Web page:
Graham Pike, Professor of Forensic Cognition, writes: July 2005, Sebastian Coe and David Beckham are hugging ecstatically in Singapore, crowds are cheering in Trafalgar Square, Tony Blair is looking smug and President Chirac downcast; the 2012 Olympic Games are coming to London! Across the land athletes are planning, shares in British construction companies are soaring and I absolutely guarantee that the heads of any public agency charged with ‘security’ are reaching for the aspirin. Over 10,000 athletes, over one million visitors, 70,000 volunteer workers and one hundred and fifty heads of state, including from countries quite likely to be at war during the games… all in the capital city of a country still waging a ‘war against terror’. A security headache to say the least.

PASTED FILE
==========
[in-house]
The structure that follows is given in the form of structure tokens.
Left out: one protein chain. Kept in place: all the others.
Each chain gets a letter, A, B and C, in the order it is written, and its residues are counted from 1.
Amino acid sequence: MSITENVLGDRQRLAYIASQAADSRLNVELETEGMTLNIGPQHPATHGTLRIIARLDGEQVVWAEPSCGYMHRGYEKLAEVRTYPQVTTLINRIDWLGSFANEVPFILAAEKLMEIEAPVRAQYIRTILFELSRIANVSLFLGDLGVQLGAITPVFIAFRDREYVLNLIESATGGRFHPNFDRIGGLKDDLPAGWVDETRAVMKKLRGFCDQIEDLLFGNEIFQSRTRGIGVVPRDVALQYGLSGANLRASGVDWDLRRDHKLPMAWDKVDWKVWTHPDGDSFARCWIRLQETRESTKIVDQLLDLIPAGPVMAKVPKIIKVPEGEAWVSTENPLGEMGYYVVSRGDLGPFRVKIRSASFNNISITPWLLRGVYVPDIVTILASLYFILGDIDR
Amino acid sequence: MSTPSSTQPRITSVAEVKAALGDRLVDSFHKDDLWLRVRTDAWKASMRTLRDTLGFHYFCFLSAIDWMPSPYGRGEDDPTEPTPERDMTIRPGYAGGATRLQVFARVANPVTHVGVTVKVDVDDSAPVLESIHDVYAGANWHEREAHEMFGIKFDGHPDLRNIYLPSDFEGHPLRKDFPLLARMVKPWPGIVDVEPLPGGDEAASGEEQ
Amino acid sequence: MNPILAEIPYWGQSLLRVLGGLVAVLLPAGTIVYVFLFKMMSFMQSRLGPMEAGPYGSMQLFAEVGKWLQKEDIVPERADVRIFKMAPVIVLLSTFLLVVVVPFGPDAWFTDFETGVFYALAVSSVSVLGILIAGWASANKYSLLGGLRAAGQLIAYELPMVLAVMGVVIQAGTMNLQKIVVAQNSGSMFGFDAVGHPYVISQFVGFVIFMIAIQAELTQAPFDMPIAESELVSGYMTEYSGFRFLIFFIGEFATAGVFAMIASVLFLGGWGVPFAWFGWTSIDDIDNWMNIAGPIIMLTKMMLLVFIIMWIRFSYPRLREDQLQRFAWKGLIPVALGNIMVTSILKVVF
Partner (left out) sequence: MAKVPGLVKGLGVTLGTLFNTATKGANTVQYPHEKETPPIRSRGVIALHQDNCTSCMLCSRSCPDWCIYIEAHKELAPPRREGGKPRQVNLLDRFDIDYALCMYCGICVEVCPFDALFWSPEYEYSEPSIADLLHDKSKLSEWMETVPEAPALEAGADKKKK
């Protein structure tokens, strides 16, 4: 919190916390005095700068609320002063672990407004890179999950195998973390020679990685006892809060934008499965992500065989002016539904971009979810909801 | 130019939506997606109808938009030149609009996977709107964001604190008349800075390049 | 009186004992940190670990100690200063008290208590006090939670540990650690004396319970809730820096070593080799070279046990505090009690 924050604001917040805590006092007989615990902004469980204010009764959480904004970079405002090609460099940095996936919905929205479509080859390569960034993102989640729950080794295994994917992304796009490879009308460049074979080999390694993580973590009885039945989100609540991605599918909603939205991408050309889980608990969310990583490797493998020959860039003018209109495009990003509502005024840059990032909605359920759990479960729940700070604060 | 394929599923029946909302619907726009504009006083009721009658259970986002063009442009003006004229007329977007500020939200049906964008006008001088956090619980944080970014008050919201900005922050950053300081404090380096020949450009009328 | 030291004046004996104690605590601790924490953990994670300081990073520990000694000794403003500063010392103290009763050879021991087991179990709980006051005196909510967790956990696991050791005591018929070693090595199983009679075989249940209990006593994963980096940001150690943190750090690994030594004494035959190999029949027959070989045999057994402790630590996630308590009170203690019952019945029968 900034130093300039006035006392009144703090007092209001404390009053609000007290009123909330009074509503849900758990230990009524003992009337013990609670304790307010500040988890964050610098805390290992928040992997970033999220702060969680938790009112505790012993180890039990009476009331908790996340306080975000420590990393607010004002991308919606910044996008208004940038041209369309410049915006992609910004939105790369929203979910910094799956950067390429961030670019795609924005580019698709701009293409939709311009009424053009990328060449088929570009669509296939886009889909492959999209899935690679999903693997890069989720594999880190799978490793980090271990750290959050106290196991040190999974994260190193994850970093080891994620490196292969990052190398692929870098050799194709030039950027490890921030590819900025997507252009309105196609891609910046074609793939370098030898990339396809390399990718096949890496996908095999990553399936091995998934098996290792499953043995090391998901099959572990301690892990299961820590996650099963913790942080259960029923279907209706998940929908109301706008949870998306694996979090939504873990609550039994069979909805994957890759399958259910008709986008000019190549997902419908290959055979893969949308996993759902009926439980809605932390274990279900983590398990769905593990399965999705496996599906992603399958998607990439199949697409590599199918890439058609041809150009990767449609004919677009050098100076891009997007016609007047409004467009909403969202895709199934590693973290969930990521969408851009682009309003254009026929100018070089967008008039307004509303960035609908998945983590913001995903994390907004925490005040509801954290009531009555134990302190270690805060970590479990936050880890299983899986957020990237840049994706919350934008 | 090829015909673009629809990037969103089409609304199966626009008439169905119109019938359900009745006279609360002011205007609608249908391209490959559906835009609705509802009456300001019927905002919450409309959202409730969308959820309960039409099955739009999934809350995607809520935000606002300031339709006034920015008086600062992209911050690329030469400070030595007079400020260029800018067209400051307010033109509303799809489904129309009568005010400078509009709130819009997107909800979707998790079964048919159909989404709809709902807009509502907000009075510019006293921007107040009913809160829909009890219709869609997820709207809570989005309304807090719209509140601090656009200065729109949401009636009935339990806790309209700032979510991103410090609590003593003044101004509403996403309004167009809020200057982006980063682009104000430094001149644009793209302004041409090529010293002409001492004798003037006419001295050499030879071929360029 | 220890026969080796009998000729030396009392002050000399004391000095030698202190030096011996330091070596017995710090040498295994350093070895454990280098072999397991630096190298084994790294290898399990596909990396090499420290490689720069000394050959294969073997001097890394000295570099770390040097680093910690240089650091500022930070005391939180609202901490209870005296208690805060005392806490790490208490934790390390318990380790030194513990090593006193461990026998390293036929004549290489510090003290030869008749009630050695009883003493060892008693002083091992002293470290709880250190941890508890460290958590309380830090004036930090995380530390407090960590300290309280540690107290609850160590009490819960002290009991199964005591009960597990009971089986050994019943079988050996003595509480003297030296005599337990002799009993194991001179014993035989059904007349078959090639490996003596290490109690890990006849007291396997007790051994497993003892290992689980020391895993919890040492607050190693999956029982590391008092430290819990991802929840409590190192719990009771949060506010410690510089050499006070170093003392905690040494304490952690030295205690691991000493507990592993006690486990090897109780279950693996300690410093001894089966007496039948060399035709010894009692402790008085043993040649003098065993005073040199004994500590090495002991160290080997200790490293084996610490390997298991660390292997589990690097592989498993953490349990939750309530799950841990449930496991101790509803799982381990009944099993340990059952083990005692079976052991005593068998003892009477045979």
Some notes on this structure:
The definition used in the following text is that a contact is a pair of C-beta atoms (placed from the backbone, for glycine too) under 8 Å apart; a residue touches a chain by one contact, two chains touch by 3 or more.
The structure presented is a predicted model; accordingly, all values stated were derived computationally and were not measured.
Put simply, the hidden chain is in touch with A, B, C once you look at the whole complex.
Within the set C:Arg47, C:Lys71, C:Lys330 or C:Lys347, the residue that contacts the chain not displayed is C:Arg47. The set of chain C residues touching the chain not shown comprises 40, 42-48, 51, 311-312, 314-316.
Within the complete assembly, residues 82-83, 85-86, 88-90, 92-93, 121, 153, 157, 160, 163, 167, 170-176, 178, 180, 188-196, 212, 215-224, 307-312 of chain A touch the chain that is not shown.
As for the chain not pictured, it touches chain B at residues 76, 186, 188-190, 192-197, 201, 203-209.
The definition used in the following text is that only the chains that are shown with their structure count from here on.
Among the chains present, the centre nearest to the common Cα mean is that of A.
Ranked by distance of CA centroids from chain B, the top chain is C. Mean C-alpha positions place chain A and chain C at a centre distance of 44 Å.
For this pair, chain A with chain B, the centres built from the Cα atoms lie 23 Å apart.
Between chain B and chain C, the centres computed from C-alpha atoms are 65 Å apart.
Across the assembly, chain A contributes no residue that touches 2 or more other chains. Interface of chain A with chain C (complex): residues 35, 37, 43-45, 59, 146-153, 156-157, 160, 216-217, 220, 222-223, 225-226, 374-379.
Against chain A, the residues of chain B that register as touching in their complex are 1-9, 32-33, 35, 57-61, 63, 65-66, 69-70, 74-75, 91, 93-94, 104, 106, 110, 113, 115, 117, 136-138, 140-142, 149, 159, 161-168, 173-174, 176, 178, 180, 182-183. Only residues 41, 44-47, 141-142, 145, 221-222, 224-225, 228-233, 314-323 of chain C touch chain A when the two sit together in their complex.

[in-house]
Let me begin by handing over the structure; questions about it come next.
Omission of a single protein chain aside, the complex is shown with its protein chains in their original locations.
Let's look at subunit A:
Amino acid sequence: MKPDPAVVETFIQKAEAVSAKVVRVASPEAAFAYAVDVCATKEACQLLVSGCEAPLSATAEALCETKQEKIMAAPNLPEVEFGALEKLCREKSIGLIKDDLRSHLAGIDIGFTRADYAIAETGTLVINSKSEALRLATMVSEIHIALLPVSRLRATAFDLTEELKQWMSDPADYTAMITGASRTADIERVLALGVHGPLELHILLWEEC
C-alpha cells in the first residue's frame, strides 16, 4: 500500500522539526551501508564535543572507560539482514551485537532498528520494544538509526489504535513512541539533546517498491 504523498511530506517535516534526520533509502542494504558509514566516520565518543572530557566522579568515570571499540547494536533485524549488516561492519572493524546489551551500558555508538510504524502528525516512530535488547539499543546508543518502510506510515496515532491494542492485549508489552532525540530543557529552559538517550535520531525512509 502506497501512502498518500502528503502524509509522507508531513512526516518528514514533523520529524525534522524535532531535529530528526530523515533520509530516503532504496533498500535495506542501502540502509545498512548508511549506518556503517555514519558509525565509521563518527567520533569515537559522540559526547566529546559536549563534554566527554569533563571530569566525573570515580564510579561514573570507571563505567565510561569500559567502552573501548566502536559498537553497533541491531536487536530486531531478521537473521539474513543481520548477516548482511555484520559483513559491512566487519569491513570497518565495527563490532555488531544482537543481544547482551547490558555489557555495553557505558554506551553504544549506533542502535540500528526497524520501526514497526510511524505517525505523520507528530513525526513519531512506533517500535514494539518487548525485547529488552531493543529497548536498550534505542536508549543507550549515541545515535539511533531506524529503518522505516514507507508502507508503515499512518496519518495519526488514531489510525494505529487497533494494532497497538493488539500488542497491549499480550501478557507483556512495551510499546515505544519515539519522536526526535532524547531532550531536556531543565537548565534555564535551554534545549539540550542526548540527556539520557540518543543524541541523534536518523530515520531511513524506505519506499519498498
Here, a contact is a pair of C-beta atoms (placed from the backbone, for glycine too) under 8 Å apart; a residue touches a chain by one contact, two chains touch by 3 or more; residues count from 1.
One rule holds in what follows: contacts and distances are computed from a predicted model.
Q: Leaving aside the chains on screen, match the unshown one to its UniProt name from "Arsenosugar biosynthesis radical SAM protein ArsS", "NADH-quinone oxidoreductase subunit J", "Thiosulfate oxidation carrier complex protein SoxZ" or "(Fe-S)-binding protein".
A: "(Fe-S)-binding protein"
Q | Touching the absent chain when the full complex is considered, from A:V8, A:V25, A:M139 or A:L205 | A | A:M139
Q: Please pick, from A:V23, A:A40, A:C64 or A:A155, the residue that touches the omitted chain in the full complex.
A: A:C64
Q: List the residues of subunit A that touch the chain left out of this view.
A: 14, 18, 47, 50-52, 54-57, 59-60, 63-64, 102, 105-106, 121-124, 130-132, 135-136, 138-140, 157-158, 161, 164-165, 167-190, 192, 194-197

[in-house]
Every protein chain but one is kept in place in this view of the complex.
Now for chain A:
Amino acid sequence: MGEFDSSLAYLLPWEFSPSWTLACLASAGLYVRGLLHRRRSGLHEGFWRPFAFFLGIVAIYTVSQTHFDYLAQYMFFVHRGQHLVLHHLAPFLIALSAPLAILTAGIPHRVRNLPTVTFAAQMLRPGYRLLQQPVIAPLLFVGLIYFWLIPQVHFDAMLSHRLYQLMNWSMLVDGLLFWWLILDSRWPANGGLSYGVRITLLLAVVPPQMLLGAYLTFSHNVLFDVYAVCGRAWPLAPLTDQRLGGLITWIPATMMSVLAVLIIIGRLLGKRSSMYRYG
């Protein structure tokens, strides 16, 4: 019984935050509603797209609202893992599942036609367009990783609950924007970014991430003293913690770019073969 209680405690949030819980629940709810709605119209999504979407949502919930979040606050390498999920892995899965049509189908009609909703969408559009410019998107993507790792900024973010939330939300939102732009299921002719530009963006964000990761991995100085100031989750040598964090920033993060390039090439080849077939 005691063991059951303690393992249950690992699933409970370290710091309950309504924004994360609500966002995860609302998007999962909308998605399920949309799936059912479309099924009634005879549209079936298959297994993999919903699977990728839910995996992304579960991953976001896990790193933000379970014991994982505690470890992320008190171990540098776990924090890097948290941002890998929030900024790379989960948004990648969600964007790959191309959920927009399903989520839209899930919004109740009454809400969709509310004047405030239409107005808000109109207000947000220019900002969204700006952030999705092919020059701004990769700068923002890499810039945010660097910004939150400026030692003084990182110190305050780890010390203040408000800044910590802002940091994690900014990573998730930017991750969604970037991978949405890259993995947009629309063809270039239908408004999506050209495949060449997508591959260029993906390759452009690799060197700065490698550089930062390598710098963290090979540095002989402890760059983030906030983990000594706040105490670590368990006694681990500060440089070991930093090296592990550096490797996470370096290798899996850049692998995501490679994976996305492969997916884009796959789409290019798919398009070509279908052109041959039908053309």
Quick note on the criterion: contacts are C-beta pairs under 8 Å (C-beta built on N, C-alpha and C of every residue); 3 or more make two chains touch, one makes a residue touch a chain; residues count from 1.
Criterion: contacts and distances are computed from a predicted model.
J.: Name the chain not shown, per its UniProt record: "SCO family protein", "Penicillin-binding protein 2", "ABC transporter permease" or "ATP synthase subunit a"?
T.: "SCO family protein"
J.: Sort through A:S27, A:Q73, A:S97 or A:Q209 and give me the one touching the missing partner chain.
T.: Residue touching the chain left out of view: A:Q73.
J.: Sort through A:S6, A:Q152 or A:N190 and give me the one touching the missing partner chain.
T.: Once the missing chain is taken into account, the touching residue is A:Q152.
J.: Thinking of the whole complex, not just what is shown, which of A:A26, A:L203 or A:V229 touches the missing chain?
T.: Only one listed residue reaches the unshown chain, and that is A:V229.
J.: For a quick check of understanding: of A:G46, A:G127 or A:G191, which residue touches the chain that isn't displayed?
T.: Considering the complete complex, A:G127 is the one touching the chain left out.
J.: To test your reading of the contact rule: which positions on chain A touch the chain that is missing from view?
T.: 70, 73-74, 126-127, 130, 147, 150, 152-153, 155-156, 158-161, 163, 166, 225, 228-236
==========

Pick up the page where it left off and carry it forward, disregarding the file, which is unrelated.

Being British, the glee of winning the Olympic bid is soon replaced by fears concerning the two great banes of UK life, the traffic and the weather. Comedic careers are made predicting what our opening ceremony will be and radio chat shows worry by how many billions the budget will be exceeded. But above, more accurately beneath, the moaning and predicted embarrassment, seeing the words ‘London Olympics’ in the same sentence as the word ‘security’ strikes a real note of dread into preparations.